Your brain is the most complicated part of your body. It houses all of the necessary functional capability to be human. It is studied in three different parts, the forebrain, the midbrain, and the hindbrain. There are several different parts of the brain at play when dealing with sleep. 

  • the hypothalamus is a small structure located deep inside the brain (inner brain located in hind-brain) that contains groups of nerve cells that are responsible for controlling sleep and arousal.
  • Within the hypothalamus is the suprachiasmatic nucleus (SCN) which monitors the information received about light exposure coming from the eyes helping to control your behavioral rhythm.
  • The brain stem is located at the bottom of the brain and sends signals to the hypothalamus to allow the transition between being asleep and being awake. 

By working together, sleeping activating cells produce chemical hormones to help slow down activity and response. The brain stem is responsible for creating signals that tell our muscles to relax during REM sleep or the dream state, so that we do not physically react to what we are dreaming.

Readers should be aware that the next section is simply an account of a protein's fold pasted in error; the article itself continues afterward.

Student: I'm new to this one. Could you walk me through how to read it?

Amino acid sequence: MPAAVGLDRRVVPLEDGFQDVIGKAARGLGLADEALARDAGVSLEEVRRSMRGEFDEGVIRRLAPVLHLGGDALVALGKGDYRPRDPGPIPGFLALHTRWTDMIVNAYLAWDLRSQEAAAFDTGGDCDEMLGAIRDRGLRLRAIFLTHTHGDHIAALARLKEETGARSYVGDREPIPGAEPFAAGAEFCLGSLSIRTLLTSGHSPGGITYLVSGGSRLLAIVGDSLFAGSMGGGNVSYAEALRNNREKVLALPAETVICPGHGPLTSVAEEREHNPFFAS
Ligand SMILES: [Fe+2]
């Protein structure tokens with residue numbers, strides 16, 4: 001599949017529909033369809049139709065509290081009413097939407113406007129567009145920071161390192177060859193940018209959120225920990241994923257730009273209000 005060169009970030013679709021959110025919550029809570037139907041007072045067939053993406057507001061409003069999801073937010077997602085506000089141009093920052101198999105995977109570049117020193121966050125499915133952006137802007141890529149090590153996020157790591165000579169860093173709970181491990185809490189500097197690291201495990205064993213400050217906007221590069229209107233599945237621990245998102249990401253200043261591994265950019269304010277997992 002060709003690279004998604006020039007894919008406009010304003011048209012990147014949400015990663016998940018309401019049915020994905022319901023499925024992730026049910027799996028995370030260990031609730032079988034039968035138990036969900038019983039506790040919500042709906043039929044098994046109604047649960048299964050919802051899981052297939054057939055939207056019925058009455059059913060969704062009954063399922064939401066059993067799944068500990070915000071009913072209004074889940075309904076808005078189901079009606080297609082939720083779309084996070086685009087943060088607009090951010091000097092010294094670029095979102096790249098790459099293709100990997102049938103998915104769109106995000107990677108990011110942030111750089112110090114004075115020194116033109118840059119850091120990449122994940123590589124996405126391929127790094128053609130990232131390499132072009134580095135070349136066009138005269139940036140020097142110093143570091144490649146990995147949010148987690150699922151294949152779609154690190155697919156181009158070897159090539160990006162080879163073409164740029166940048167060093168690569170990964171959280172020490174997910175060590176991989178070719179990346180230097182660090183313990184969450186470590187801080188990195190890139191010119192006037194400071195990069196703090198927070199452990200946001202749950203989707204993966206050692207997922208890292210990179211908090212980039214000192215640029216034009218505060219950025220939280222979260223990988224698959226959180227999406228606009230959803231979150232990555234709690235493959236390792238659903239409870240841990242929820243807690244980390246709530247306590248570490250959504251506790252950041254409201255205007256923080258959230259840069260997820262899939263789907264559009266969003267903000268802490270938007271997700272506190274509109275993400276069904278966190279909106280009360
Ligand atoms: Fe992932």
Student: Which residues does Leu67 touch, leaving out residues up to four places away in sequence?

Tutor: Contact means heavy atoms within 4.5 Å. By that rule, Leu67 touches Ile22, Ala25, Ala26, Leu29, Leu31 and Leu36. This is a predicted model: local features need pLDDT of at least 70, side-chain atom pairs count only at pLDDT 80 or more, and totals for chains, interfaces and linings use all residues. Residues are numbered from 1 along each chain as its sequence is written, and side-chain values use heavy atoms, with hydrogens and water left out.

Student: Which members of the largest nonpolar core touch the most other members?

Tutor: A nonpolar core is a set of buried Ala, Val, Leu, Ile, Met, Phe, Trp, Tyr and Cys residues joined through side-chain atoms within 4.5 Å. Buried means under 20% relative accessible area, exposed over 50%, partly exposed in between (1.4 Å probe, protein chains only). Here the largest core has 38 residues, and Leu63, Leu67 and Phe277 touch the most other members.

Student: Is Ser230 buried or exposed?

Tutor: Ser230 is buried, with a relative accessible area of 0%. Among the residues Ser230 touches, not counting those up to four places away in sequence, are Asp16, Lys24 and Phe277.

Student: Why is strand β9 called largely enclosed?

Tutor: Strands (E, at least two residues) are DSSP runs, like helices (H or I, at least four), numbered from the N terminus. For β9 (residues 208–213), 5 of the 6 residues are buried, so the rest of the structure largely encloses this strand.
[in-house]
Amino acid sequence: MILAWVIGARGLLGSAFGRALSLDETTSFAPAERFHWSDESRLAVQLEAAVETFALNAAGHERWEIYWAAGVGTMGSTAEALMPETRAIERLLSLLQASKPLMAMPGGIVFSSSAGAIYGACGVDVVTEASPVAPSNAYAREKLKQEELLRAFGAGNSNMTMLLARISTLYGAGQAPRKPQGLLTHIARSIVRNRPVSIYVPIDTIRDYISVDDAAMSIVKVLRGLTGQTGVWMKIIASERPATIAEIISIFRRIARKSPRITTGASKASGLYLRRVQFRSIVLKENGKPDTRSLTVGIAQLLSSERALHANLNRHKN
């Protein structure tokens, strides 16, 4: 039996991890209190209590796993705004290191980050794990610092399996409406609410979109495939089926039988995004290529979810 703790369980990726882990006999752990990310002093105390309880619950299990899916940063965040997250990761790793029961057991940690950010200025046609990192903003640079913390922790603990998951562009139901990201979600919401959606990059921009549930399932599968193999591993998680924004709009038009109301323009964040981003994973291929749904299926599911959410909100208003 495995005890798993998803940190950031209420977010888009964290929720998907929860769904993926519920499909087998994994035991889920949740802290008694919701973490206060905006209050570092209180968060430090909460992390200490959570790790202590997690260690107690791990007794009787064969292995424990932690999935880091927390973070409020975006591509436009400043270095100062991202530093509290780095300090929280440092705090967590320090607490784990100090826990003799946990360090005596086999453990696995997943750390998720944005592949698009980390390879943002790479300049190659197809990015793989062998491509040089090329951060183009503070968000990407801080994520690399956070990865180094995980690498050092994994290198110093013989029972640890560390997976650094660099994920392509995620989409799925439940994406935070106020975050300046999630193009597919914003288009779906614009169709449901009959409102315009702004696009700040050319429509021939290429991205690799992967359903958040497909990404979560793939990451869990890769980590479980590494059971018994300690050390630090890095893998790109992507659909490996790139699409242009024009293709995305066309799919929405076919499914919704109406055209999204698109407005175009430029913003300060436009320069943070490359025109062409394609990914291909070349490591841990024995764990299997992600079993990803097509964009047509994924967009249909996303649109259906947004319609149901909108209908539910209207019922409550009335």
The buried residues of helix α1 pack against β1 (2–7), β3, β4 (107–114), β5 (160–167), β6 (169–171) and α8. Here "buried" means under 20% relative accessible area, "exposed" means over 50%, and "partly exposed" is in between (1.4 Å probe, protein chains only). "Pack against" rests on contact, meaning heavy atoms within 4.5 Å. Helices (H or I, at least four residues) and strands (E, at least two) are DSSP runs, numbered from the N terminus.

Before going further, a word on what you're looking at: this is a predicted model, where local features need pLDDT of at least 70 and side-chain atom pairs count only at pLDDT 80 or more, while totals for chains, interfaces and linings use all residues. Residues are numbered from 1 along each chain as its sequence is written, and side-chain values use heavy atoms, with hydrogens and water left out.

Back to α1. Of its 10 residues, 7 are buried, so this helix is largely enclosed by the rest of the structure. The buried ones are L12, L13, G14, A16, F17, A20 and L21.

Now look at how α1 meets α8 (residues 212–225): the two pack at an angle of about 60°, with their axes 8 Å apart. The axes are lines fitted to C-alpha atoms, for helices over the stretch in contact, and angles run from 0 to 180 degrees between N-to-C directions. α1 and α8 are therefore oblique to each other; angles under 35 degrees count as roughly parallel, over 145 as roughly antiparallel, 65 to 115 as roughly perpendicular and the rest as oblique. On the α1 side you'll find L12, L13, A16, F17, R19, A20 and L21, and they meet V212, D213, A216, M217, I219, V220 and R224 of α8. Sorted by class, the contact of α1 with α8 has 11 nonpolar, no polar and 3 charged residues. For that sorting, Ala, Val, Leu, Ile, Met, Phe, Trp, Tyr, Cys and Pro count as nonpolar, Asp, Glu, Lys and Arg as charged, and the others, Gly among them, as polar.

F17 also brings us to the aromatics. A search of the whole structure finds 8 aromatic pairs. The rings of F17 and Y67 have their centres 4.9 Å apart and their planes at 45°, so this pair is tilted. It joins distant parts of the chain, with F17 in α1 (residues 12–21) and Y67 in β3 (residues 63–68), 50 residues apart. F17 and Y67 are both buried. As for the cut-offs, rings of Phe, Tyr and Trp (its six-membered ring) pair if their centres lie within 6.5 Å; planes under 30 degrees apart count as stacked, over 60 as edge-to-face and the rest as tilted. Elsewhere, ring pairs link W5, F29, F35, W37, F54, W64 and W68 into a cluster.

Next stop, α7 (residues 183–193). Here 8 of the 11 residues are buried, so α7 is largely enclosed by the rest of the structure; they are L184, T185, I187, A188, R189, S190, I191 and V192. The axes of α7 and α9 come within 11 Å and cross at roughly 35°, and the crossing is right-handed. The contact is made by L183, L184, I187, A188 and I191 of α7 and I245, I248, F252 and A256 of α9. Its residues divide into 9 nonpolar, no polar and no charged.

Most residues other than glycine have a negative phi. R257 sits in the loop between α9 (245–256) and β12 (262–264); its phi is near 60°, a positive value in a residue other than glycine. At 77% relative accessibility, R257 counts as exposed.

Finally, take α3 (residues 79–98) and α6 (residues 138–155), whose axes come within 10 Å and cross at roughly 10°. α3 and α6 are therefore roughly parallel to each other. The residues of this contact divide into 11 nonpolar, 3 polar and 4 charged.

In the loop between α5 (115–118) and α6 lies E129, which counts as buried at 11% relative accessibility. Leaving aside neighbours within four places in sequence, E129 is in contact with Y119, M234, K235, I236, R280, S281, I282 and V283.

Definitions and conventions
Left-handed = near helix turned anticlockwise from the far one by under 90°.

• The cerebral cortex is the protective outer layer of the brain that processes information from short to long term memory.
  • During the early stages of sleep, it sends signals to the thalamus to become slightly inactive so that we drown out external noise and movements. 

It becomes reactive during REM sleep which creates the images, sounds, and even feeling we sometimes experience once dreaming. The brain works with both our nervous and endocrine system.

  • The pineal gland, which is found in the center between the left and right side of the brain produces melatonin which is the hormone primarily responsible for allowing us to drift asleep.
  • Another chemical released that helps with our sleep is the hormone adenosine which assists in keeping us asleep. 

The active ingredient in caffeine blocks our receptor to this chemical which is why it helps us to stay awake.

Though your brain is constantly functioning to assist in sleep, it also benefits tremendously from rest. When we sleep our brain is able to remove toxins from itself. When we are sleep deprived, our brain cells operate at a much slower rate making it harder to concentrate. Our vision is also significantly impaired. It takes longer for our brain to process information signals which in turn makes us feel sluggish. Sleep deprivation has been compared to being drunk.